We’re ‘taking back control’. At least, that was the argument among those who supported the UK’s decision to exit the European Union. During the referendum campaign, these three simple words became the rallying call of the Vote Leave camp. There’s no question that Brexit will mark a sizeable shift in power relations. But who is really seizing power – the British people, or the British Government?
In case you were in any doubt, the Repeal Bill – published on 13 July – spells it out. If passed in its current form, this Bill would give the Government more power to change laws at whim than any other piece of legislation in modern British history.
The Bill repeals the 1972 European Communities Act which took Britain into the EU. It also ‘downloads’ all existing EU legislation into domestic law, with the aim of securing a smooth transition. Once enshrined in the statute books, ministers will have the power to ‘amend, repeal and improve’ the laws as they see fit, with minimal parliamentary scrutiny. They even have the ability to sidestep Parliament altogether in ’urgent cases’. After all, they say, exceptional measures are needed if we’re going to have our house in order by Brexit Day (expected to be around March 2019).
These vast powers – often compared to those held by Henry VIII in the 16th century – are particularly worrisome given the government ministers that will hold them. It has become clear that, so far, many have failed to appreciate the monumental complexity of Brexit. This is evident in their decision to pull the UK out of EURATOM, the European nuclear regulator. Leaving the EURATOM Treaty without ensuring there is a proper replacement to its safety and regulatory provisions is dangerous. For some, it’s a matter of life and death. Yet having failed to conduct a formal Impact Assessment and nestling the announcement among the footnotes of the Article 50 Act, some ministers were blissfully unaware of the issue. This is both negligent and deeply concerning.
It’s time to ask ourselves some big questions. Firstly, does the Government have the authority to make these kinds of far-reaching decisions? The Conservative Party couldn’t even scrape together a majority at last month’s general election. It’s hardly the sort of mandate necessary to make unilateral decisions that will affect the future of the country for generations.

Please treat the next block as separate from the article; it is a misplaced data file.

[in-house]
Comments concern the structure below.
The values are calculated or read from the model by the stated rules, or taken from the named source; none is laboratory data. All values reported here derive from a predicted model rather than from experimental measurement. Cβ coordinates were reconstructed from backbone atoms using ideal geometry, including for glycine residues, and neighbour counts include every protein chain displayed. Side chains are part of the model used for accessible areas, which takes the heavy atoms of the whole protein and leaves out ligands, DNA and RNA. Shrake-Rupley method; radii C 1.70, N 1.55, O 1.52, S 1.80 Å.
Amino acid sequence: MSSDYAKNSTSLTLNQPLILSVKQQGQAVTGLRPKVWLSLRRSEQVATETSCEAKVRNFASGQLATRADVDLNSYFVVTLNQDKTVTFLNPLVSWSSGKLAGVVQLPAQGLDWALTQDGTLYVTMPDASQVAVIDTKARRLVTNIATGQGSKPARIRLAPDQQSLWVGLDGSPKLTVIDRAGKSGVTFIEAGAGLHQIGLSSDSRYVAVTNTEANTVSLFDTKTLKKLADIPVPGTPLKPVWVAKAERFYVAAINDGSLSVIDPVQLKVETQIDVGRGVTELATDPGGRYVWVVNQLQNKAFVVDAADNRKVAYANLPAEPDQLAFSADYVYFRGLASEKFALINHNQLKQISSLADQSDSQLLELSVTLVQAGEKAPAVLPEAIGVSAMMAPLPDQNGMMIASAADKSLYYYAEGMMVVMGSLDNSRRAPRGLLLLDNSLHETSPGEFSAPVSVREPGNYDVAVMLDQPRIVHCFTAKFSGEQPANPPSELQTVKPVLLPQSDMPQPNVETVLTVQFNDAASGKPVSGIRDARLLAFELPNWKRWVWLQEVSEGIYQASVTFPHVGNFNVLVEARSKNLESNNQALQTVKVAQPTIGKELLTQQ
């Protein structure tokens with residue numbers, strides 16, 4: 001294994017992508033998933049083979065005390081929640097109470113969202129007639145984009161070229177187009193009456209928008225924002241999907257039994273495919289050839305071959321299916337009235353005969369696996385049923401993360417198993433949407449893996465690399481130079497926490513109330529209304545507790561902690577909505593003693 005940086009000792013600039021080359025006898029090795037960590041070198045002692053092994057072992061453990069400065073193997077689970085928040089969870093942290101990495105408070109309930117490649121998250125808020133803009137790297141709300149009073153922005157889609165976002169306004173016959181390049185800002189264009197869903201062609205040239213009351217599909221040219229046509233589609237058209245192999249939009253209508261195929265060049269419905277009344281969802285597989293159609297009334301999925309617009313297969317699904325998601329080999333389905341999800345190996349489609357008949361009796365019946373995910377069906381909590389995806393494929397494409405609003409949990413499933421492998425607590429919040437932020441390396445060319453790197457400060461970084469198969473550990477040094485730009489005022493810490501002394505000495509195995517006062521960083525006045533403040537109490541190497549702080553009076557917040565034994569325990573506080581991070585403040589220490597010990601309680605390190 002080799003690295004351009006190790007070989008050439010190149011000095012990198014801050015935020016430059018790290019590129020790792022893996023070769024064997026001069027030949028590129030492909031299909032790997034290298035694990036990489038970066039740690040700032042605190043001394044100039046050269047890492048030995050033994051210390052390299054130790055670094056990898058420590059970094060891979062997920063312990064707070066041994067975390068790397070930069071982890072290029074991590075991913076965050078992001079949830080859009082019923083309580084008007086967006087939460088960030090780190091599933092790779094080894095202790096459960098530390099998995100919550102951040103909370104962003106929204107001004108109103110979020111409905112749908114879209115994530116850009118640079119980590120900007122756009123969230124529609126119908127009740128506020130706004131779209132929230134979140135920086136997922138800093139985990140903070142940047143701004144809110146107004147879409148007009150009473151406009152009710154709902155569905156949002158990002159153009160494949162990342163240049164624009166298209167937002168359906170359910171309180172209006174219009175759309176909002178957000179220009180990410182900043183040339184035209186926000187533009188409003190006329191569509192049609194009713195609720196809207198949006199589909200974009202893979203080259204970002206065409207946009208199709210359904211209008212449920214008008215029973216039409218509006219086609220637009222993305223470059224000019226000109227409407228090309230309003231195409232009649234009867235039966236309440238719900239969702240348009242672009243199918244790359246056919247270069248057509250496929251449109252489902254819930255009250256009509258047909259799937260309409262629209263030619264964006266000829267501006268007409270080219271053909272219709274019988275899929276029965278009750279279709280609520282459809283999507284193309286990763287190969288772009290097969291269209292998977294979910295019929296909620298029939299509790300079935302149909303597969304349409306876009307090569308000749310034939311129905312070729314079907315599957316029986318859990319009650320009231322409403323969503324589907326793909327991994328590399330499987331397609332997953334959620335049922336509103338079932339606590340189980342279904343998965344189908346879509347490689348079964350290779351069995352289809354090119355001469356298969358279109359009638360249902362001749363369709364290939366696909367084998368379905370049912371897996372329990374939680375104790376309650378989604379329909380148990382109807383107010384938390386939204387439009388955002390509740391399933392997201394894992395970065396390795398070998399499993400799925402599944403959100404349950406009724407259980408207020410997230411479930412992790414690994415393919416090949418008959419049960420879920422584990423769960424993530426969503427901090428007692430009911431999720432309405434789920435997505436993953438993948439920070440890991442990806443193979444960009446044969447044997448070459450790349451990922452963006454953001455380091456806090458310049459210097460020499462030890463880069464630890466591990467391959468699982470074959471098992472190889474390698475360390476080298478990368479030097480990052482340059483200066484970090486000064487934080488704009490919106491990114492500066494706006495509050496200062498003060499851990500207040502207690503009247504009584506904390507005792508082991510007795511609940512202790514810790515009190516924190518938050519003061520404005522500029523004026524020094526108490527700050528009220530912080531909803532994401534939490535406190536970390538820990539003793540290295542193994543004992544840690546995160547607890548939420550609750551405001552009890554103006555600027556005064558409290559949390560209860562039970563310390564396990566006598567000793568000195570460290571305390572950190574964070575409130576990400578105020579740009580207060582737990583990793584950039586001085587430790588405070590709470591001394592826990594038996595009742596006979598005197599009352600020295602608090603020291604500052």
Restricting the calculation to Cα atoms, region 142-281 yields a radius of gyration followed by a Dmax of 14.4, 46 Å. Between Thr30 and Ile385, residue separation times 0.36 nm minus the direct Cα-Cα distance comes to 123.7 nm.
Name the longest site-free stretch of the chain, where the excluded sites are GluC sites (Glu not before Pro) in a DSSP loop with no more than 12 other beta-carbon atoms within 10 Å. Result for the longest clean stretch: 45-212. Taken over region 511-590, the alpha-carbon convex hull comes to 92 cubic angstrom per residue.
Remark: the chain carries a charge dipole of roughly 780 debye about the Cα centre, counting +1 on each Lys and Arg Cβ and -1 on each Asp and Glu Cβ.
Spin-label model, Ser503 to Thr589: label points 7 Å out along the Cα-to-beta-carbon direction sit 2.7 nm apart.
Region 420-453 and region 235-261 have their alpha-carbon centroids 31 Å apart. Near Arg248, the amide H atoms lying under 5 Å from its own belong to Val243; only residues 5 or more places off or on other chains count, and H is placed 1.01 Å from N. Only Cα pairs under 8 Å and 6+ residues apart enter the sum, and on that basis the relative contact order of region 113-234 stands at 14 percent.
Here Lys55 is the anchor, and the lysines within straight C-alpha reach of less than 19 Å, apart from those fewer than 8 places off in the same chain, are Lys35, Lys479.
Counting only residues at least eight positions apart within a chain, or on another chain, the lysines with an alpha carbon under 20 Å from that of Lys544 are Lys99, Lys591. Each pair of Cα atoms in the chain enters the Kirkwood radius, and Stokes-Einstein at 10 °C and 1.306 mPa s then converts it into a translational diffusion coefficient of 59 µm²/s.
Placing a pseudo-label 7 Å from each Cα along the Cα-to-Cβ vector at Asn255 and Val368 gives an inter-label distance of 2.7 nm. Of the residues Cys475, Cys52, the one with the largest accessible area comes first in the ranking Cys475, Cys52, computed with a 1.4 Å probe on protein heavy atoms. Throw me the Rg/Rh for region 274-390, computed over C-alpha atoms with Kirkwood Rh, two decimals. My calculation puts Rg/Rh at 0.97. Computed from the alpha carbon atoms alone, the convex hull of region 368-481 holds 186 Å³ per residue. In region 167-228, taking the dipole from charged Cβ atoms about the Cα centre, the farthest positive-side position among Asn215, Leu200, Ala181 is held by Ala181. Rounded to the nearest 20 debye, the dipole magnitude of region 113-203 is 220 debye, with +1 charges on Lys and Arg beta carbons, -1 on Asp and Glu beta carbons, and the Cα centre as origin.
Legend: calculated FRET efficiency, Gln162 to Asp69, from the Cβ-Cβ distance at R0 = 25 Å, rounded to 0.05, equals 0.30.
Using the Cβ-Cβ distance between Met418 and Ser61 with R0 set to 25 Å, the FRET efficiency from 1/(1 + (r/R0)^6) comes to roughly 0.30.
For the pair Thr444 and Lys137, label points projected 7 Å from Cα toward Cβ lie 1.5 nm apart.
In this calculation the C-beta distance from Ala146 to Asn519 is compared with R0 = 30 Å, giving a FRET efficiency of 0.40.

Moreover, what has happened to our democratic checks and balances? It took court action by an ordinary citizen to ensure that the UK Parliament had a vote on the Bill triggering Article 50. The fact that the Government ‘conceded’ to give MPs a vote on the final deal is seen as a victory for Parliamentarians. Yet, the UK’s devolved powers consider that the Repeal Bill will curtail their legislative rights. The call for a modern, written Constitution is growing.
Meanwhile, the Labour Party continues to bask in the glory of its performance at the general election rather than providing proper, robust opposition. The popularity of Jeremy Corbyn has so far eclipsed the fact that, in many ways, Labour’s stance mirrors the Government’s own when it comes to Brexit. Labour has pledged to end free movement, and been deliberately hazy on whether it supports leaving or remaining in the Single Market and the Customs Union. The Labour leadership insisted on a three-line whip (the strongest form of Party discipline) to vote through the Article 50 Bill, even when all Labour’s attempts to amend it had failed. It is clear that we can’t trust the Labour Party to hold the Government to account – particularly now that Government wields new, sharp policy-making tools.
Finally, it’s worth asking whose interests the Government will be representing. As she triggered Article 50, the Prime Minister promised to speak for the ‘young and old, rich and poor, city town and country, and all the villages and hamlets in between’. So why can our Minister for Exiting the EU not recall even a single woman on the UK’s negotiating team? This isn’t the inclusive Brexit we were promised, or that some people voted for last June. This is the elite reasserting control, on a scale unseen in our lifetimes. We should all be worried.
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